It is perhaps curious that in Sydney the organiser of a four-concert piano recital series should be the Sydney Symphony Orchestra. This most attractive metropolis, while nurturing all kinds of cultural events and increasingly striving to attain the status of another “city that never sleeps”, is rather undernourished in that sublime musical genre, the instrumental recital. Such fundamental works as the Kreutzer or Hammerklavier Sonata may not be performed publicly more than once every few years (not counting lunchtime concerts, conservatorium events and such like); violin, cello or piano recitals are as rare as a joyful moment in a Prokofiev sonata. High praise therefore to the artistic management of the SSO; without their initiative there would remain only one professionally organised piano recital on offer in Sydney for the next six months or so.

Therefore Lukáš Vondráček’s splendid recital filled a major gap. The Czech artist chose Haydn’s Sonata in C major, Hob.XVI:50 as his concert opener. To play the keyboard music of the 18th century on a large and powerful Steinway piano is a decision not without inherent risks. Indeed, the differences between a modern “concert grand” and the instruments at Haydn’s disposal keep many a pianist away from this repertoire. But not this pianist. In fact, his reading deftly integrated the vast possibilities of his beautiful instrument with a refined and learned approach to unfolding Haydn’s music in a stylish way. I am using the word “stylish” with two separate meanings: the short, neatly clipped phrases, the almost complete lack of pedalling or excessive legato, the clear articulation presented the work in a perfectly credible way. At the same time, the pianist infused Haydn’s world with his own interpretation liberally emphasising important musical moments by subtly changing the length of certain notes, a method called agogic. It provided a highly intelligent, involving reading of a beautiful work far too rarely performed.

The other composition before the interval was chronologically some 150 years, emotionally light-years away from the first item: Prokofiev’s Sonata no. 7 in B flat, one of his three so-called “War Sonatas”. Joyless and tormented this work may be, but most of it was written before German soldiers set foot on Russian soil in 1941, so the naming may not be appropriate. However that didn’t bother the Soviet party leadership in the least and the composer was awarded the Stalin Prize Second Degree for it. Evidently his Sonata was seen to advance the cause of communism.

The Sonata no.7 is a tour de force, providing formidable technical difficulties for the pianist to surmount. Strong, at times aggressive, sounds imbue its first and last movement. They are both written in B flat major, although the relentless first movement doesn’t reveal its tonality until the last bars. The deep resonant chords opening the slow movement take the listener into a different world altogether: we are back with Romeo to Friar Laurence’s cell (the composer’s popular ballet Romeo and Juliet was finished only a few years earlier). It is a striking contrast, helped by the movement’s clearly recognisable tonality of E major, as far away as possible from the first movement’s B flat major. Vondráček played this alternative world with great sensitivity, while holding the percussive, brutal sounds in check not only in the first movement but similarly in the last movement’s unyielding asymmetrical rhythmic patterns. His performance was cogent if not as brave or confrontational, as for instance the recording of Sviatoslav Richter, who premièred the work in 1943. However, he played the work with immaculate technique and conviction, the validity of his sovereign reading was never questionable.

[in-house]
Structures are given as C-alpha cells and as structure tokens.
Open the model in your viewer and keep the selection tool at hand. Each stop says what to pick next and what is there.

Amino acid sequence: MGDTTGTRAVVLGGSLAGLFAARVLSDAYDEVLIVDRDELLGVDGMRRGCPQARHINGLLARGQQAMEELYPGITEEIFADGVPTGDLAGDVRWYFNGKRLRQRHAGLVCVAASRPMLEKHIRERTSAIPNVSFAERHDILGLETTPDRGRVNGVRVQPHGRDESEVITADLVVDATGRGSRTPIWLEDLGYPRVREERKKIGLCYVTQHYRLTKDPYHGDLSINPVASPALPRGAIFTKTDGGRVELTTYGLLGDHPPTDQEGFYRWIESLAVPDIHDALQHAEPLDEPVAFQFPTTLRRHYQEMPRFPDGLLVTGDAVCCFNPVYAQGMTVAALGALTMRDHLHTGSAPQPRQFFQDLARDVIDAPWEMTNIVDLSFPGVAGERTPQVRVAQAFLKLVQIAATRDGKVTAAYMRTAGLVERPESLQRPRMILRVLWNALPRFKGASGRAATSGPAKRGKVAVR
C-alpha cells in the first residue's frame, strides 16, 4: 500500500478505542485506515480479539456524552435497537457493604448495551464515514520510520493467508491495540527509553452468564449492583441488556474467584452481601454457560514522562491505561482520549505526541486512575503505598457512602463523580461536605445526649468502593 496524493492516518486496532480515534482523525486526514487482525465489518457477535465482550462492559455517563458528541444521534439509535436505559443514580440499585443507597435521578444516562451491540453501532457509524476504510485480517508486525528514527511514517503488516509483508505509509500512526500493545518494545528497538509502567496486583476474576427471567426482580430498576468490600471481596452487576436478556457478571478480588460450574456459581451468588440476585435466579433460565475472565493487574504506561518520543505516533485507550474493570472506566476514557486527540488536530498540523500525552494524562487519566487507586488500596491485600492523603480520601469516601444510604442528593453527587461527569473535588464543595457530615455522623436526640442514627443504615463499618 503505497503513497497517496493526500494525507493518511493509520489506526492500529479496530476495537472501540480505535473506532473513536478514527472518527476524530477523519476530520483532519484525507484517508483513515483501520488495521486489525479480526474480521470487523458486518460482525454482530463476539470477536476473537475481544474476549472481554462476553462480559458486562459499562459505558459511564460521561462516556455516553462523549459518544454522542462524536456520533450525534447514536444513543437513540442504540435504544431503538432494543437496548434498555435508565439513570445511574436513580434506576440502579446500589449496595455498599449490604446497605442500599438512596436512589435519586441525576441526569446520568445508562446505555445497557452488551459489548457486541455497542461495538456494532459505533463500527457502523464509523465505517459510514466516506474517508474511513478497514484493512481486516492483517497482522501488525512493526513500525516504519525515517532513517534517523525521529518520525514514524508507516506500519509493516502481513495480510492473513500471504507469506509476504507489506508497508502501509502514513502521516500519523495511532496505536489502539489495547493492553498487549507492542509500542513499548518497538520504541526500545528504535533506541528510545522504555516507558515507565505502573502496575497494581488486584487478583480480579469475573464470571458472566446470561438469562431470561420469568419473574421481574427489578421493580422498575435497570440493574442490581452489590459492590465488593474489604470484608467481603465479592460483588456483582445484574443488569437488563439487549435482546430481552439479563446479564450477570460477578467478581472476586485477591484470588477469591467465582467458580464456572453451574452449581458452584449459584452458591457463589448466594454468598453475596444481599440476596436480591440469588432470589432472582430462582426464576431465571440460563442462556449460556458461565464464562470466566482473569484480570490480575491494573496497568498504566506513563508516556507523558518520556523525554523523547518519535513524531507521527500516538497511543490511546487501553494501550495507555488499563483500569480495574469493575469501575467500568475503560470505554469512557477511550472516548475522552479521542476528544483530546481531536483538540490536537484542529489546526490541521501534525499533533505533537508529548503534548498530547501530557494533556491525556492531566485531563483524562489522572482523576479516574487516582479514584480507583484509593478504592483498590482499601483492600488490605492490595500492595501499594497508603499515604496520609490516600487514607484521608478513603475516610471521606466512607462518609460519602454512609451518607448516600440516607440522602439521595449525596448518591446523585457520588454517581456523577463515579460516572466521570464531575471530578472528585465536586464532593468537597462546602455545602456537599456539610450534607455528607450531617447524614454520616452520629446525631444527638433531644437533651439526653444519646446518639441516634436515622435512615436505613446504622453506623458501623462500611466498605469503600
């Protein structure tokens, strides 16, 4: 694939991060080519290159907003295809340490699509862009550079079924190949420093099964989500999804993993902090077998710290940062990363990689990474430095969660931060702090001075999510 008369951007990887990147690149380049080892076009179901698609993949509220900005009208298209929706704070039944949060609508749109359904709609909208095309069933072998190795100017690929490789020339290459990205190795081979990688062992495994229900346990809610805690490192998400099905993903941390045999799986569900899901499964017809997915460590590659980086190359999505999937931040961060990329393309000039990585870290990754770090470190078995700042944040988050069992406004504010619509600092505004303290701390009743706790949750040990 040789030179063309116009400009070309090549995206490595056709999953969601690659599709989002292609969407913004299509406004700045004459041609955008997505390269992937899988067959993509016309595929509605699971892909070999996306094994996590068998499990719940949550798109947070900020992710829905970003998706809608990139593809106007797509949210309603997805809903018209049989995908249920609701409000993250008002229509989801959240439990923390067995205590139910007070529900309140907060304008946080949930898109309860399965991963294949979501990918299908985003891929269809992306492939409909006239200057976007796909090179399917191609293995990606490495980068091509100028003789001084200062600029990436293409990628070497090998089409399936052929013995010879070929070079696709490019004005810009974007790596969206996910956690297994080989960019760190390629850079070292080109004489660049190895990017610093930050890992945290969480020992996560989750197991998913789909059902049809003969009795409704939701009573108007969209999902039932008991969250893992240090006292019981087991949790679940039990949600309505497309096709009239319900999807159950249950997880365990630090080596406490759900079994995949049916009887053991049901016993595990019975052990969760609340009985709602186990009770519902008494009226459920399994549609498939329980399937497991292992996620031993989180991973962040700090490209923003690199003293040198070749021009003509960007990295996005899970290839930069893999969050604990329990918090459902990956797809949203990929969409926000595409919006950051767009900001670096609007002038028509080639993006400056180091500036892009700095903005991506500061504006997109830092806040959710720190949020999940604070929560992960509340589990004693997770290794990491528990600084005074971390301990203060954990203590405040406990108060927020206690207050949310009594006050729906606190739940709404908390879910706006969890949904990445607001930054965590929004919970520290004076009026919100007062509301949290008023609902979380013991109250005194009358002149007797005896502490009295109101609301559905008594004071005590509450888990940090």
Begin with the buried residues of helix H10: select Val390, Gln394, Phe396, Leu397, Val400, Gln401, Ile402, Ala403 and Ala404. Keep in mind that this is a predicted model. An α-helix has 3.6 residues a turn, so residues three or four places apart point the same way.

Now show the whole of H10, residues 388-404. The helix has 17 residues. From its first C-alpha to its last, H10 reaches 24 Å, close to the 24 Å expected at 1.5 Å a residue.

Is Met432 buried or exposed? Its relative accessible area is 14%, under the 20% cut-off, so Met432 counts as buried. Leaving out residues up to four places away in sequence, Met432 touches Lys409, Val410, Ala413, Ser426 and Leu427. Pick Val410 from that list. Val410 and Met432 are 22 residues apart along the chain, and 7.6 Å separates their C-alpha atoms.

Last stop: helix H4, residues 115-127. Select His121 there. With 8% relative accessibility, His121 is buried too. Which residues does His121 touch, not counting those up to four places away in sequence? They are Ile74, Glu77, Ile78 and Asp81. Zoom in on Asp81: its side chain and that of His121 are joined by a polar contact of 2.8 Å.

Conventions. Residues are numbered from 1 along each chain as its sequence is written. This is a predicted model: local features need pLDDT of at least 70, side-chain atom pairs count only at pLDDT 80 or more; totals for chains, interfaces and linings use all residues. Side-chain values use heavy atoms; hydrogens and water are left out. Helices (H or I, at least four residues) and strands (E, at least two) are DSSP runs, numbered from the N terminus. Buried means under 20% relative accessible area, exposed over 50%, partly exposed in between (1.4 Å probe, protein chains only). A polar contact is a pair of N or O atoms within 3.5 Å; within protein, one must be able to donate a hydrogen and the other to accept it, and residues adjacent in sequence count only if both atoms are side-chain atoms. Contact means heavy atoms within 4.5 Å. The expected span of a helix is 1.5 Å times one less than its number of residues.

1853 was a stellar year in the history of the romantic piano sonata: only months away from Franz Liszt’s composition of his Piano Sonata in B minor, the 20 year old Johannes Brahms wrote his third and last Piano Sonata in F minor, Op.5, the last work in the programme. The two composers belonged to diametrically opposite sides of the turbulent German music scene; they knew each other and each other’s work (alas, when Liszt played his own newly written Sonata in a private concert, Brahms apparently fell asleep feigning boredom…)

Brahms’ magnificent edifice, lasting almost 40 minutes, could be in danger of collapsing under its own weight unless presented by an empathetic and credible performer. That was the case on Monday night. Most appealingly, Vondráček had a clear opinion about every theme and every character and he didn’t shy away from presenting them. He daringly but effectively used “dislocation”, a technique nowadays considered to be outmoded whereby the right hand plays certain notes slightly after the left for purposes of greater sonority and expressiveness. His rubato playing was inimitable, controlled perhaps but convincing. The moment of untamed music making arrived in the encore, in the wild playing of his compatriot, Bohuslav Martinů’s Polka.